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Fisher-Titus continues campus improvement

Norwalk Reflector Staff • Oct 29, 2015 at 12:55 PM

A 550-ton crane with an estimated 300-foot boom extended out over Fisher-Titus Medical Center's patient pavilion Saturday. The large piece of construction equipment lifted a 37,000-pound MRI magnet through the roof housing radiology and imaging services.

To prepare for Saturday's lift, eight semi trucks traveled from Chicago carrying the crane pieces and the crane assembly began Friday morning near FTMC's ambulatory services discharge area. Construction crews then tested the crane Friday afternoon to ensure safety before lifting the large magnet out of the building.

"The magnet, part of the Hitachi MRI (magnetic resonance imaging) that was installed in 1993, and a supplement piece of equipment from FTMC's 16-slice CT scanner were removed to make room for the next stage in advancing technology a 64-slice CT scanner," said Patrick J. Martin, FTMC's president. "We are continuing to provide our community with 'Tomorrow's Technology, Today's Personal Care.'"

FTMC will continue to utilize its Siemens 1.5 Tesla MRI installed in September 2004. With the removal of the 16-slice CT scanner and 1993 MRI, the imaging services department will be renovated to make room for newly updated technology.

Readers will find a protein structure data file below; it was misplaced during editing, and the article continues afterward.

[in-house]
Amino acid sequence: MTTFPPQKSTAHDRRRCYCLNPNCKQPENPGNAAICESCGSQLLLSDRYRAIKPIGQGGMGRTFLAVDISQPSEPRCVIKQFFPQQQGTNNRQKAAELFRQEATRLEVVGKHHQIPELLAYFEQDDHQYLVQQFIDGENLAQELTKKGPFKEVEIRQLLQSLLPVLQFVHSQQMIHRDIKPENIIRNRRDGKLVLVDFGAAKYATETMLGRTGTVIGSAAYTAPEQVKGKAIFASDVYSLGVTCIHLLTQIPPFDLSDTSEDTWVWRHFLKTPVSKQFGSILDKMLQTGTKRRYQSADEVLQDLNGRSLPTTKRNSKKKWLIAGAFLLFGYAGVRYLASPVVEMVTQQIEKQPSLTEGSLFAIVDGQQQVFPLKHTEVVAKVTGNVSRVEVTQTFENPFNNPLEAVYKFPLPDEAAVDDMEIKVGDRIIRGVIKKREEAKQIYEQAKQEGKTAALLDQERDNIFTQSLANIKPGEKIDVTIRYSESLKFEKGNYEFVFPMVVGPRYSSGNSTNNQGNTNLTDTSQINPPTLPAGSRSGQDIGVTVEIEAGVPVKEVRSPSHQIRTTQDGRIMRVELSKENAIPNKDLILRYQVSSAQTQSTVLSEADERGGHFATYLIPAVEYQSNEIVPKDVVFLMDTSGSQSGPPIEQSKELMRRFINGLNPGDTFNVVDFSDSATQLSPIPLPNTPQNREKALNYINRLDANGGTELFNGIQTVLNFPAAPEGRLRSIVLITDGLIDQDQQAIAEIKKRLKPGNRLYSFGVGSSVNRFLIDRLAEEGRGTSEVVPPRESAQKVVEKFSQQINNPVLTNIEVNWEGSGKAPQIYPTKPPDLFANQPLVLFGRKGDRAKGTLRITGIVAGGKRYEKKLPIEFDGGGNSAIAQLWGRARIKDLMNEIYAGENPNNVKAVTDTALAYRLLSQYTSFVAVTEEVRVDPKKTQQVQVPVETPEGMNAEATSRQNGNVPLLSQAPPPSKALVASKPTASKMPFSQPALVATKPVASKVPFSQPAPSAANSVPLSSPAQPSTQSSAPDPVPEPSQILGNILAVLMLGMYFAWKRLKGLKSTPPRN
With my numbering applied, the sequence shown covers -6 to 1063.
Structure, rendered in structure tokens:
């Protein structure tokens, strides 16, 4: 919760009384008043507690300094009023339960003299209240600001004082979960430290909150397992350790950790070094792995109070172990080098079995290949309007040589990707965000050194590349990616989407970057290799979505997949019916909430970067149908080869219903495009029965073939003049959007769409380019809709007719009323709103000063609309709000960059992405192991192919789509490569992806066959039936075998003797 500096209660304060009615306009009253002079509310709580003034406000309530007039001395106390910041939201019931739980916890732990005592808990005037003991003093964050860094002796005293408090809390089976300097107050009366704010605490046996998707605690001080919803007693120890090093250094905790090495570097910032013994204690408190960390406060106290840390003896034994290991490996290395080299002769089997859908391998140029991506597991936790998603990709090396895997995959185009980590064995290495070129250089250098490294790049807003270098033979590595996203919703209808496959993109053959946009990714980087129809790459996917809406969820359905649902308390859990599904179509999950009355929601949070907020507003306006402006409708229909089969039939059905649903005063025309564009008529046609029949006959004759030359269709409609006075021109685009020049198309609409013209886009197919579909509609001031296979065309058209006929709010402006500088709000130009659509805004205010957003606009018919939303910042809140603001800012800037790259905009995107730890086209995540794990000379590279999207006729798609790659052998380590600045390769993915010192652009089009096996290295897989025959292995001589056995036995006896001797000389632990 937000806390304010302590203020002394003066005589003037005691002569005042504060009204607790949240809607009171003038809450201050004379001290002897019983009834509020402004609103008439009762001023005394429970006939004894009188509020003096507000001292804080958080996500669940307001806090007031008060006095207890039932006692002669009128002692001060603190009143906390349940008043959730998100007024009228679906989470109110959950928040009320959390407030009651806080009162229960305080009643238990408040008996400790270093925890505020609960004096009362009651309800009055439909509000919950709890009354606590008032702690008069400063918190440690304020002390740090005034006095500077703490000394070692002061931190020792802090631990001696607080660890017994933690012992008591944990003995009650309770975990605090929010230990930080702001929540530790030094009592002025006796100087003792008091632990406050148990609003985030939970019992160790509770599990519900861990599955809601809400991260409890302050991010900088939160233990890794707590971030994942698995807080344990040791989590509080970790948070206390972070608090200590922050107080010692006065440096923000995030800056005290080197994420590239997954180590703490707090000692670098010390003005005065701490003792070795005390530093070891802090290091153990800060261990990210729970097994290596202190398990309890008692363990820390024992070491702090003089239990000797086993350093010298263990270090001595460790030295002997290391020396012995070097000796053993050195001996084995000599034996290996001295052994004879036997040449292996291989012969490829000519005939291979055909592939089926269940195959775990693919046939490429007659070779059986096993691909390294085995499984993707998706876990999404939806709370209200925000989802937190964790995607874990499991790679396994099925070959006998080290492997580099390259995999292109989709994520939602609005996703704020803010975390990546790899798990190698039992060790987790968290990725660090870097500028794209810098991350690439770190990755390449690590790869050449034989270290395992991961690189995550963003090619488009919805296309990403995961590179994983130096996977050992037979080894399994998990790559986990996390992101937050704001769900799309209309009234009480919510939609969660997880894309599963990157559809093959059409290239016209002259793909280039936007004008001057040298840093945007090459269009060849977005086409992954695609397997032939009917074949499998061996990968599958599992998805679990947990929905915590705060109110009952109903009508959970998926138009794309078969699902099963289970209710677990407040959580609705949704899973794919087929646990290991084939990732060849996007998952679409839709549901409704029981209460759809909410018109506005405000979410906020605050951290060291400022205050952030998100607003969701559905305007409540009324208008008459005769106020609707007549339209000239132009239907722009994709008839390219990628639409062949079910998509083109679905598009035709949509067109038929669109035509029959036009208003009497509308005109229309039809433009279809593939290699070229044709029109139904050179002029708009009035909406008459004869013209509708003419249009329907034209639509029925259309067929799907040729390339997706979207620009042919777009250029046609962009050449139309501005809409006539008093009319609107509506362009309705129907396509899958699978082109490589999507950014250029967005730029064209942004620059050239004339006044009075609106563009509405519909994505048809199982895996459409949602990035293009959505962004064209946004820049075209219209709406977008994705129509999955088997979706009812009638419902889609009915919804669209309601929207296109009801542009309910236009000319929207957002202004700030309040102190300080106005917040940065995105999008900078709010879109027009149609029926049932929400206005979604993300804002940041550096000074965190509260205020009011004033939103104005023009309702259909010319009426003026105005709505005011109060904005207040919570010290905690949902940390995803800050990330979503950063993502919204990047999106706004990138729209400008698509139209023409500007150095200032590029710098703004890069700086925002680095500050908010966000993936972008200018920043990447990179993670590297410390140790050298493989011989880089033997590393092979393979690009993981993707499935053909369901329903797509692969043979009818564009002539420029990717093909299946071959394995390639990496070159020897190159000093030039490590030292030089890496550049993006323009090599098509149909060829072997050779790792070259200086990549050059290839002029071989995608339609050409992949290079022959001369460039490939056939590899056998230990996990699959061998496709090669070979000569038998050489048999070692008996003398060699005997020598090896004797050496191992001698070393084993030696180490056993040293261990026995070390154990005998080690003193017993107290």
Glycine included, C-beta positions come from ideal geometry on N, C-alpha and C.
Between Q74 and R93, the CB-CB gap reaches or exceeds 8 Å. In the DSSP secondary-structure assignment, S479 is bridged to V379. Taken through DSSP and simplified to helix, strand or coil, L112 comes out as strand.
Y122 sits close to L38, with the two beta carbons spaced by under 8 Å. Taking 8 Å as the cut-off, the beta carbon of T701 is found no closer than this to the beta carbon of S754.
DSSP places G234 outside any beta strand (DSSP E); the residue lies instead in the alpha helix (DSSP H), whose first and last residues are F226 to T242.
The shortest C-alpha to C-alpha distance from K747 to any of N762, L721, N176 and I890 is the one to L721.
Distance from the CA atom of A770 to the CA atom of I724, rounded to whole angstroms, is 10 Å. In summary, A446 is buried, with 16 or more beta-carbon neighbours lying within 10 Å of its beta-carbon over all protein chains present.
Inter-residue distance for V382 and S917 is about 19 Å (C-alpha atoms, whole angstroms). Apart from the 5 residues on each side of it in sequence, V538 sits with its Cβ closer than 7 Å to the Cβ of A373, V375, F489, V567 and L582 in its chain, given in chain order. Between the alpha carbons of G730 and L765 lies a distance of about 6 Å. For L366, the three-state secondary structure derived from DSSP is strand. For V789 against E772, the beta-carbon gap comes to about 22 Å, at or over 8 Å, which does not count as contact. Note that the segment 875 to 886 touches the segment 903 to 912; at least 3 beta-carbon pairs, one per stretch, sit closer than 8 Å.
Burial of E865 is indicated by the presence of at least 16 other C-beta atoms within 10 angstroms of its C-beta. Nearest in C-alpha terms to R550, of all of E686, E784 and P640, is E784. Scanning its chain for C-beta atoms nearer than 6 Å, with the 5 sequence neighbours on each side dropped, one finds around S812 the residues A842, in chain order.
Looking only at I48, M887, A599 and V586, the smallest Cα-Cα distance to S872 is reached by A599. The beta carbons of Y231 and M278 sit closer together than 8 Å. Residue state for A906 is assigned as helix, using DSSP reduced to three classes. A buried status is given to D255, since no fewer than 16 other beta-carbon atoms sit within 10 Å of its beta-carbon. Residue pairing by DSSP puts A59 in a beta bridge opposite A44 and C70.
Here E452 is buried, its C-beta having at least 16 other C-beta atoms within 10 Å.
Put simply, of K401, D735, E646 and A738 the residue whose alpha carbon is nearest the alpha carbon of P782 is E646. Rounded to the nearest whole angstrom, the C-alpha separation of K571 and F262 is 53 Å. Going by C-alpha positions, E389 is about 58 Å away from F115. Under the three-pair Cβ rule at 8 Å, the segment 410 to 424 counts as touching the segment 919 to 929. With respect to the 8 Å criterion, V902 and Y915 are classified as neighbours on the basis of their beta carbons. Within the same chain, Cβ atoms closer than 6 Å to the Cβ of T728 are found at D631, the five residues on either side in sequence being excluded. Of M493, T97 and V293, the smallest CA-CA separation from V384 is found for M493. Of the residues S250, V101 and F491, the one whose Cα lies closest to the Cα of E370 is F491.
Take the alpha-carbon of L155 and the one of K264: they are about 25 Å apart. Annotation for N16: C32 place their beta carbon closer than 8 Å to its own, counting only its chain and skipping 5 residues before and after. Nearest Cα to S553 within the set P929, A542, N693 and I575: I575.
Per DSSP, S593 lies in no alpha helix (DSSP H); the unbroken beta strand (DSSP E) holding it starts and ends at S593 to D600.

"In the interim, a mobile unit housing a multi-slice CT scanner will be used to provide our patients high quality imaging," said Denny Bottorf, FTMC's director of imaging services.

In late fall, FTMC will install Toshiba's Aquilion 64 CFX, an advanced 64-slice CT scanner. This CT scanner delivers high-speed, high resolution imaging, which allows physicians to capture precise images of any area of the body, including the rapidly moving heart and lungs.

"Computer tomography (CT) imaging, also known as "CAT" scanning, combines the use of a digital computer with a rotating X-ray device to create detailed cross-sectional images or 'slices' of the different organs and parts," said Dr. Matthew F. Gutowicz, Jr., chief of FTMC's department of radiology and nuclear medicine. "With this new technology, we will be better equipped to detect heart disease at its earliest stages."

FTMC's imaging department performed more than 57,000 tests in 2006, including CTs, MRIs, nuclear medicine imaging, ultrasonography, mammography and radiography.

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